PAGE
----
4 Key Takeaways from IAB ALM 2021

March 15, 2021



By Kari Kirschenbaum, VP, Marketing



“The Great Reset” was the theme at last week’s IAB Annual Leadership Meeting (ALM), which serves as a central thought leadership venue for senior voices across the marketing and advertising ecosystems. This year’s virtual event was jam-packed with general sessions, town halls, interactive roundtables, and topic-specific content blocks featuring nearly two-hundred speakers. It was an impressive lineup, boasting a slew of high-profile industry executives, along with exciting new speakers including Stacy Abrams, US Senator Ron Wyden, and Dr. Anthony Fauci. 

With a plethora of sessions to choose from, attendees were privy to valuable insights and varied perspectives on the next era of digital advertising. Here are some of the key insights and trends that stood out to us throughout the week.

The Path to Privacy-Centered Advertising

This year, the shifting privacy landscape took center stage and dominated much of the conversation. 

Coming on the heels of Google’s announcement confirming cookie deprecation, along with no plans to build alternative identifiers, Jerry Dischler (VP/GM, Ads at Google) was one of the first to speak. In a session entitled, “The Path to Privacy-Centered Advertising,” he reiterated that Google doesn’t believe tracking individuals is sustainable. Instead, they’re going all-in with systems built on privacy-preserving technologies and first-party data, through a project called The Privacy Sandbox. To learn more about it, read the session recap from IAB’s Tech Lab

While certainly big news, in a subsequent session, Tom Kershaw (CTO at Magnite) urged the industry to “calm down.” And while voices from both the buy and sell side seemed to agree that there is no magic bullet to replace the cookie, they do see a layer cake of viable solutions including cohorts, addressable data via user authentication, and contextual. All of which are vital to digital advertising’s future.  


“Context and content is so relevant in order for consumers to really think that the brand has it right…60% of consumers are saying if the brand doesn’t have the same beliefs that we do and they’re not showing up in the right ways then we’re not buying their products.”

- Catherine Sullivan, CEO, PHD US


An Emphasis on Content and Context

US Senator Ron Wyden made a pre-recorded appearance to discuss the intersection of government and digital advertising. Senator Wyden discussed how politics will play into not only privacy changes, but also safety measures.  One noteworthy topic was potential reforms to Section 230, addressing the fact that “we all don’t want to see the slime online.” While details were murky, the message was clear—change is likely.

Overall, the importance of context and content was a hot topic, especially for marketers. In one particular session, Catherine Sullivan (CEO at PHD US) emphasized this by saying, 

“Context and content is so relevant in order for consumers to really think that the brand has it right…60% of consumers are saying if the brand doesn’t have the same beliefs that we do and they’re not showing up in the right ways then we’re not buying their products.”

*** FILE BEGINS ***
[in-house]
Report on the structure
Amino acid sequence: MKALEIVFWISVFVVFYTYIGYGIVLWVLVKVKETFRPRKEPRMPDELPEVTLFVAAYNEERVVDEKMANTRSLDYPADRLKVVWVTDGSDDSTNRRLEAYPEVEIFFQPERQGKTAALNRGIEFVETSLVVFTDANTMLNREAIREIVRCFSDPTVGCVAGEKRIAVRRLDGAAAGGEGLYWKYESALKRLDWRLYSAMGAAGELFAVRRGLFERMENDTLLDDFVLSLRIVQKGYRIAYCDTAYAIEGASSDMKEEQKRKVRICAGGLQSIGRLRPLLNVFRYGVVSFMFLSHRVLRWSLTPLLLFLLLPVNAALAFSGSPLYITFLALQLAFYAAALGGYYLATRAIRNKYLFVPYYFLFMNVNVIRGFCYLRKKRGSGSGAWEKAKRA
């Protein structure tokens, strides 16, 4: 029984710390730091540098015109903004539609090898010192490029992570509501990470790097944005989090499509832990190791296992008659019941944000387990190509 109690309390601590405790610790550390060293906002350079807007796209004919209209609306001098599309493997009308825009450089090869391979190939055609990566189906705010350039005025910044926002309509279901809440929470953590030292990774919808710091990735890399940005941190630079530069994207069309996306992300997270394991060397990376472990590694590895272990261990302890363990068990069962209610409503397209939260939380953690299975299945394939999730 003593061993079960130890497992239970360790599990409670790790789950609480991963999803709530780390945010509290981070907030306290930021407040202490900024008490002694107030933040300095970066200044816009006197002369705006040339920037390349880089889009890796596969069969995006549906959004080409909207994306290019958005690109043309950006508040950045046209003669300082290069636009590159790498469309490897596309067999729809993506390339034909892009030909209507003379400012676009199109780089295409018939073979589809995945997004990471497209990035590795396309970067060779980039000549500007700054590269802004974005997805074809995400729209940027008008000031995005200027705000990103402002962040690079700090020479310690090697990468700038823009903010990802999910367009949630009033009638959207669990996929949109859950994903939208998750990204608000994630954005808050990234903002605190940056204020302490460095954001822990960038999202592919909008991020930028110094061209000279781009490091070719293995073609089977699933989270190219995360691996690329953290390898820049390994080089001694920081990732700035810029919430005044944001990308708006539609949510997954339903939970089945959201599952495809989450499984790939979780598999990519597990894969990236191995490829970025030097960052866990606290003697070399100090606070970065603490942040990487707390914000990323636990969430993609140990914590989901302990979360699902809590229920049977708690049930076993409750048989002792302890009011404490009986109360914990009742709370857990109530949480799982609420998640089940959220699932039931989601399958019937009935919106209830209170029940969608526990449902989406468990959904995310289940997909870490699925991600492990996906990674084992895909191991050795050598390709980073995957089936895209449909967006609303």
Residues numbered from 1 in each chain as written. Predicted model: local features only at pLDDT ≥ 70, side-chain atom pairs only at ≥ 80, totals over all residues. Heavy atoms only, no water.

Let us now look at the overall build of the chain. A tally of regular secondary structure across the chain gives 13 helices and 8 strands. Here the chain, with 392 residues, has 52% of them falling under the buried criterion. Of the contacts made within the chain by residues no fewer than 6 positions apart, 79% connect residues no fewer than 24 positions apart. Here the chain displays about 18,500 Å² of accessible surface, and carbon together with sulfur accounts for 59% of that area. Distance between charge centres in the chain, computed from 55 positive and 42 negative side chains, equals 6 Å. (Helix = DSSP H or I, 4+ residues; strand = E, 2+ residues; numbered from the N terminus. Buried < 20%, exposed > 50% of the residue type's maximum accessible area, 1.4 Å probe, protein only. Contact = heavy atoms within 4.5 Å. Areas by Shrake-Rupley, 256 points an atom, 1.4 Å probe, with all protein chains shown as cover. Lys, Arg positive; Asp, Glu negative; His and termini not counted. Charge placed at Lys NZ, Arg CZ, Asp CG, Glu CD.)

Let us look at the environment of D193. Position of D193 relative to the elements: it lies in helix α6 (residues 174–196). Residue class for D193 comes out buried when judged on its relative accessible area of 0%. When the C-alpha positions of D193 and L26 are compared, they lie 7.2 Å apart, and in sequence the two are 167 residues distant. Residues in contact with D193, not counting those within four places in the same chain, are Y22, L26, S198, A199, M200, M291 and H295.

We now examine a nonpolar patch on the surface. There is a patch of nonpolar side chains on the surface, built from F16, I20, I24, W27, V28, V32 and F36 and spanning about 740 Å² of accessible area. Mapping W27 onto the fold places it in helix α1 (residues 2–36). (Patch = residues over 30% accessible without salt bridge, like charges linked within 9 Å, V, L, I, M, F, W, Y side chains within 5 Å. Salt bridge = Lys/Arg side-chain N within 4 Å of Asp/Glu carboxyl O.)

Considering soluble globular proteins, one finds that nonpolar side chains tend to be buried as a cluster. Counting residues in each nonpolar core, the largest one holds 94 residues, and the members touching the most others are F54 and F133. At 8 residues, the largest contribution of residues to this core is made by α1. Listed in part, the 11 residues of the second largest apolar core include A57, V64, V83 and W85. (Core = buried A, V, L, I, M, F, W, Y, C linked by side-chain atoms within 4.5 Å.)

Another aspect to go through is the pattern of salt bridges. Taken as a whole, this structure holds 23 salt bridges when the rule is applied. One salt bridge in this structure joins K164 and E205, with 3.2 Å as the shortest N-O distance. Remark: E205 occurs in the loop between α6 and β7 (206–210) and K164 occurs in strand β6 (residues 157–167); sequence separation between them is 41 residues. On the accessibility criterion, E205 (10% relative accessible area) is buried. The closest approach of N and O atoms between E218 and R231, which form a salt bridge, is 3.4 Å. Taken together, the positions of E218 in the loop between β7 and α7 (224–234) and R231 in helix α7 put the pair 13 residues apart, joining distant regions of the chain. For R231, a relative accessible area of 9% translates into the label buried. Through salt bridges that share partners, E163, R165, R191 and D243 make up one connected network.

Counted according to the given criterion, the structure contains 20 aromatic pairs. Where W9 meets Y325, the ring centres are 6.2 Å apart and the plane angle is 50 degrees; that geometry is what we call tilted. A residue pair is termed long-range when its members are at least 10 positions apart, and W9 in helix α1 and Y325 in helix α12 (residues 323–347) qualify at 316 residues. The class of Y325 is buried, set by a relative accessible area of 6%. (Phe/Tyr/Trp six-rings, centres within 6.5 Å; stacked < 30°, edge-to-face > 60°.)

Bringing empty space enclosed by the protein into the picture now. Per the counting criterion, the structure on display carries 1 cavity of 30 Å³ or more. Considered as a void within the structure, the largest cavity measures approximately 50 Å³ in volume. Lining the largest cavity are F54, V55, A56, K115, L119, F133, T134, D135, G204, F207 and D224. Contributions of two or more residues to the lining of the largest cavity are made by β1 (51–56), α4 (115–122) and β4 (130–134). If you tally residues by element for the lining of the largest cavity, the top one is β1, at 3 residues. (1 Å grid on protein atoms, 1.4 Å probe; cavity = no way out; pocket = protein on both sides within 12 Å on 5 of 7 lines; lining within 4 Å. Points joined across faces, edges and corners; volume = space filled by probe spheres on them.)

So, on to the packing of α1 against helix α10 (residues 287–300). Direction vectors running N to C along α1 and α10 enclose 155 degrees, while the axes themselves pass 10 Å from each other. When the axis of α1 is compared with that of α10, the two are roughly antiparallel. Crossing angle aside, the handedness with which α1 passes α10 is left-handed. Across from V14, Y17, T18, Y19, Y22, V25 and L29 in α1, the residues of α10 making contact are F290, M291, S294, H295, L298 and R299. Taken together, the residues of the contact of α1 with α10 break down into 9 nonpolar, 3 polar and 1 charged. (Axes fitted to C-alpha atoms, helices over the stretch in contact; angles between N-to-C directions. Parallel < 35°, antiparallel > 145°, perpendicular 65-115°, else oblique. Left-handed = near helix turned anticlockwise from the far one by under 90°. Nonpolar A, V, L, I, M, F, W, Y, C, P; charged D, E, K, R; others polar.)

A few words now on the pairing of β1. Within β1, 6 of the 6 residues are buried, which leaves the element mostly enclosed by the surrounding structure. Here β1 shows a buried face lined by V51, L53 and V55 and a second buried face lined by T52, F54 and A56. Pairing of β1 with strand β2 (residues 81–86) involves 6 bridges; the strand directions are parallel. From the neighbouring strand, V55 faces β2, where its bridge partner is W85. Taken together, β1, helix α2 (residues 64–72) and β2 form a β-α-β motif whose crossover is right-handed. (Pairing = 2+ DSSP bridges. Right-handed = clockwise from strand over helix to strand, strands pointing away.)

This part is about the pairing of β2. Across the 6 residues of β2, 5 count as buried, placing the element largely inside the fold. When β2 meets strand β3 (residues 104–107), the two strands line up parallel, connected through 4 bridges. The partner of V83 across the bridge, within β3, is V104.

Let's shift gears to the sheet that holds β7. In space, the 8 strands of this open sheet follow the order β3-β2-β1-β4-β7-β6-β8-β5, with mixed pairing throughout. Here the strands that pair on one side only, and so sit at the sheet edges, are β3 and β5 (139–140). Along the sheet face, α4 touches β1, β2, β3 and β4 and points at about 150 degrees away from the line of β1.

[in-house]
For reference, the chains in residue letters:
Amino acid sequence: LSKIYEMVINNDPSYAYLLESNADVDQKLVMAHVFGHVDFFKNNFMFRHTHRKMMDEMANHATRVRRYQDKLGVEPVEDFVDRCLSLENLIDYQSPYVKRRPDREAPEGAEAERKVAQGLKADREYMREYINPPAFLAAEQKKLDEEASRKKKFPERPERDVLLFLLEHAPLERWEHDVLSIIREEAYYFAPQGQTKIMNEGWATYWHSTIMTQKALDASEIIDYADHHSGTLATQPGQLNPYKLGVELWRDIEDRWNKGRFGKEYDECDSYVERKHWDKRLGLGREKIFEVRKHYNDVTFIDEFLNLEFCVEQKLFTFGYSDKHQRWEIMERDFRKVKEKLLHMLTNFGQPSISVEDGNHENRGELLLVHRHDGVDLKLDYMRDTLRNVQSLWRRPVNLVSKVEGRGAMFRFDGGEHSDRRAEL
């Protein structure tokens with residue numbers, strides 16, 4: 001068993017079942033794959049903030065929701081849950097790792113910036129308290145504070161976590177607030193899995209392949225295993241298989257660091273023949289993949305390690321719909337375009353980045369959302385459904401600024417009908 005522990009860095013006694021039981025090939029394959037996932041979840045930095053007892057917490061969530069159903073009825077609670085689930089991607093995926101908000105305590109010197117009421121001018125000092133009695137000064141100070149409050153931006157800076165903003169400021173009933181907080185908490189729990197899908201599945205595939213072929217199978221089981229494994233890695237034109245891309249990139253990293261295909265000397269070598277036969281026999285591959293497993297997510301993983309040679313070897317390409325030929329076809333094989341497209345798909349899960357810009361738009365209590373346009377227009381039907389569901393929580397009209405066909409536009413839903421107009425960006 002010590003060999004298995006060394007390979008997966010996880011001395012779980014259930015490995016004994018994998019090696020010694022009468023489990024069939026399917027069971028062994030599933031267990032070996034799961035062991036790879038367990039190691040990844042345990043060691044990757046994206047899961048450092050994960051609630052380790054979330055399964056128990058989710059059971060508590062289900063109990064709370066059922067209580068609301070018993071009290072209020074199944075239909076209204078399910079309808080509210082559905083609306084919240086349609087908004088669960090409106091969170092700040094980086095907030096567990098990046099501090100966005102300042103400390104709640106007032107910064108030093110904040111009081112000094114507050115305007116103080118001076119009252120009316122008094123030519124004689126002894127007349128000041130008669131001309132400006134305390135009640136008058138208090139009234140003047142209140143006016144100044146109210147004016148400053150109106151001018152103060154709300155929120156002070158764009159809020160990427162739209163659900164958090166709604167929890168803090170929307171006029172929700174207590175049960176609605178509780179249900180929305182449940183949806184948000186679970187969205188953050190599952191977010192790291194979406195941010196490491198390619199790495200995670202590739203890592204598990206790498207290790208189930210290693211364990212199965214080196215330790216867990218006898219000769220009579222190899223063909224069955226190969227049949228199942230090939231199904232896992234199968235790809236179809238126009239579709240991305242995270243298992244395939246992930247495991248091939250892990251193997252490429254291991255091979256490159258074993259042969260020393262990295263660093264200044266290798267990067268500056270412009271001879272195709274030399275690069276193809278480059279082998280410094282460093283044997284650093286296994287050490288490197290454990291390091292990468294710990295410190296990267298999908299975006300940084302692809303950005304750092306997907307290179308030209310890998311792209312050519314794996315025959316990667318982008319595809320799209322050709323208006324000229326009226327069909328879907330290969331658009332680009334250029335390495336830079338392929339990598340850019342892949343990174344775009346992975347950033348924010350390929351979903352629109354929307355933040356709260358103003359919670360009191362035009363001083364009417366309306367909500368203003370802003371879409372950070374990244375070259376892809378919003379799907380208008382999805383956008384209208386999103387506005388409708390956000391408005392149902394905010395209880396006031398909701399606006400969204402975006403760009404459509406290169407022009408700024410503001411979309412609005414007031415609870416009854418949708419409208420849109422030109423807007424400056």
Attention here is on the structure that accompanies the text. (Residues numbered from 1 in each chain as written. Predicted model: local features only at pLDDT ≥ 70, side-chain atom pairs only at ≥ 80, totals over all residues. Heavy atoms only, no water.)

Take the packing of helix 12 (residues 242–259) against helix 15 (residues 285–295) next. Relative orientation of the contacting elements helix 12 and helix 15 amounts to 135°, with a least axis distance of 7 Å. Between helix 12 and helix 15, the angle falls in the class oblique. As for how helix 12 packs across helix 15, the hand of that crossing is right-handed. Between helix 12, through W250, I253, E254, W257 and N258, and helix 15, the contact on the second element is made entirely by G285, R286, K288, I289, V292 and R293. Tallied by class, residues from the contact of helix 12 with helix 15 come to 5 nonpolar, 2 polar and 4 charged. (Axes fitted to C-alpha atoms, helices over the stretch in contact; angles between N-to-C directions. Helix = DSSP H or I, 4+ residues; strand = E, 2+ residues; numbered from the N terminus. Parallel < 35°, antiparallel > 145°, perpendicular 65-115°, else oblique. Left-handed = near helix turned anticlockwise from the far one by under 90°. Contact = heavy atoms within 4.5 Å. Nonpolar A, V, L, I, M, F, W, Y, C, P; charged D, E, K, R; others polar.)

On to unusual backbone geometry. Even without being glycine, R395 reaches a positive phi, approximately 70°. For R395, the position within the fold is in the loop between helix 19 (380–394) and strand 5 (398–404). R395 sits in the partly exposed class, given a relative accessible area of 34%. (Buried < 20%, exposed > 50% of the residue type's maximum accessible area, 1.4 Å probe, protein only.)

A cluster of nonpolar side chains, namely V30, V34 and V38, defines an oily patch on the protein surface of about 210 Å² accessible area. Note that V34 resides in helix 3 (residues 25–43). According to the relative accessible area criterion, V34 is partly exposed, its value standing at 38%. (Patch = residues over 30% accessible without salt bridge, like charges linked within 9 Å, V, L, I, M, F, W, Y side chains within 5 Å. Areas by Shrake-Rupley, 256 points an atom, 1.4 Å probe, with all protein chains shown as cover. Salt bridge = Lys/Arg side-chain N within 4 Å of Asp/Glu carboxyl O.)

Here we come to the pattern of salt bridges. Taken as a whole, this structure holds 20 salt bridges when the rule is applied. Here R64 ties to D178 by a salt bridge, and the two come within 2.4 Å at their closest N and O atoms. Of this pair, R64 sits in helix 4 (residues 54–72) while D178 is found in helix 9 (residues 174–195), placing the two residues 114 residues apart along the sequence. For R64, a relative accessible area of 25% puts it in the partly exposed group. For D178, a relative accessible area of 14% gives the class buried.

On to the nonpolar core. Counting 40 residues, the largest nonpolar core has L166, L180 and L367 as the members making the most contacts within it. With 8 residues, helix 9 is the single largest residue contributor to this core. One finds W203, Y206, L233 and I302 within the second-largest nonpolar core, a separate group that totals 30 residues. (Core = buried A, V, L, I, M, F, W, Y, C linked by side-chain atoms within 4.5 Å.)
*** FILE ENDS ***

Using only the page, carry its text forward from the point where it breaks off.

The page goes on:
Video Will Continue to Lead the Charge

Neil Mohan, Chief Product Officer at YouTube, gave an inspiring talk about continued momentum within the digital video landscape, and how advertisers must position themselves if they are going to effectively leverage this emerging environment. He referenced the connective role creators play in driving audience loyalty and engagement. “Creators are the reason why  consumers come to the platform. It’s not about the video per se, it’s about that connection with the creators, the content that you love, and the people behind that content.” 

Short-form video opportunities on the platform will continue to evolve, as evidenced by the introduction of  “YouTube Shorts,” a new product currently available in India. YouTube plans to roll this product out to other markets including the US over the course of the next few weeks and months. 

In addition, CTV will be an increasingly important environment for advertisers. The platform  touted tremendous growth in CTV consumption, claiming that 25% of logged-in users now consume content almost exclusively on CTV (90%). 

One more exciting piece of news, the 2021-2022 upfront will be the first-time ever that brands will be able to use Nielsen to measure what they want to measure on YouTube. 


"Creators are the reason why consumers come to the platform. It’s not about the video per se, it's about that connection with the creators, the content that you love, and the people behind that content."

- Neal Mohan, Chief Product Officer at YouTube


The Road to Cross-Platform Measurement and Attribution

Speaking of Nielsen, Karthick Rao (Chief Operating Officer at Nielsen Global Media) led a session focused on the increasingly urgent need to evolve current metrics that fuel the media industry. As he candidly put it, “We’ve made progress but it’s not enough.” 

Driven by continuous growth in digital video and CTV, Nielsen is striving to provide integrated metrics that allow advertisers to accurately measure reach and frequency across platforms through Nielsen ONE.

All-in-all, we found the event to be extremely informative and thought-provoking. There is no doubt that we’ve experienced unprecedented challenges and uncertainty during the past year, as an industry and as individuals. IAB’s ALM conference delivered on its much-needed promise — a great reset — with insights and ideas to reshape current challenges into future opportunities, and look towards a hopeful future.  




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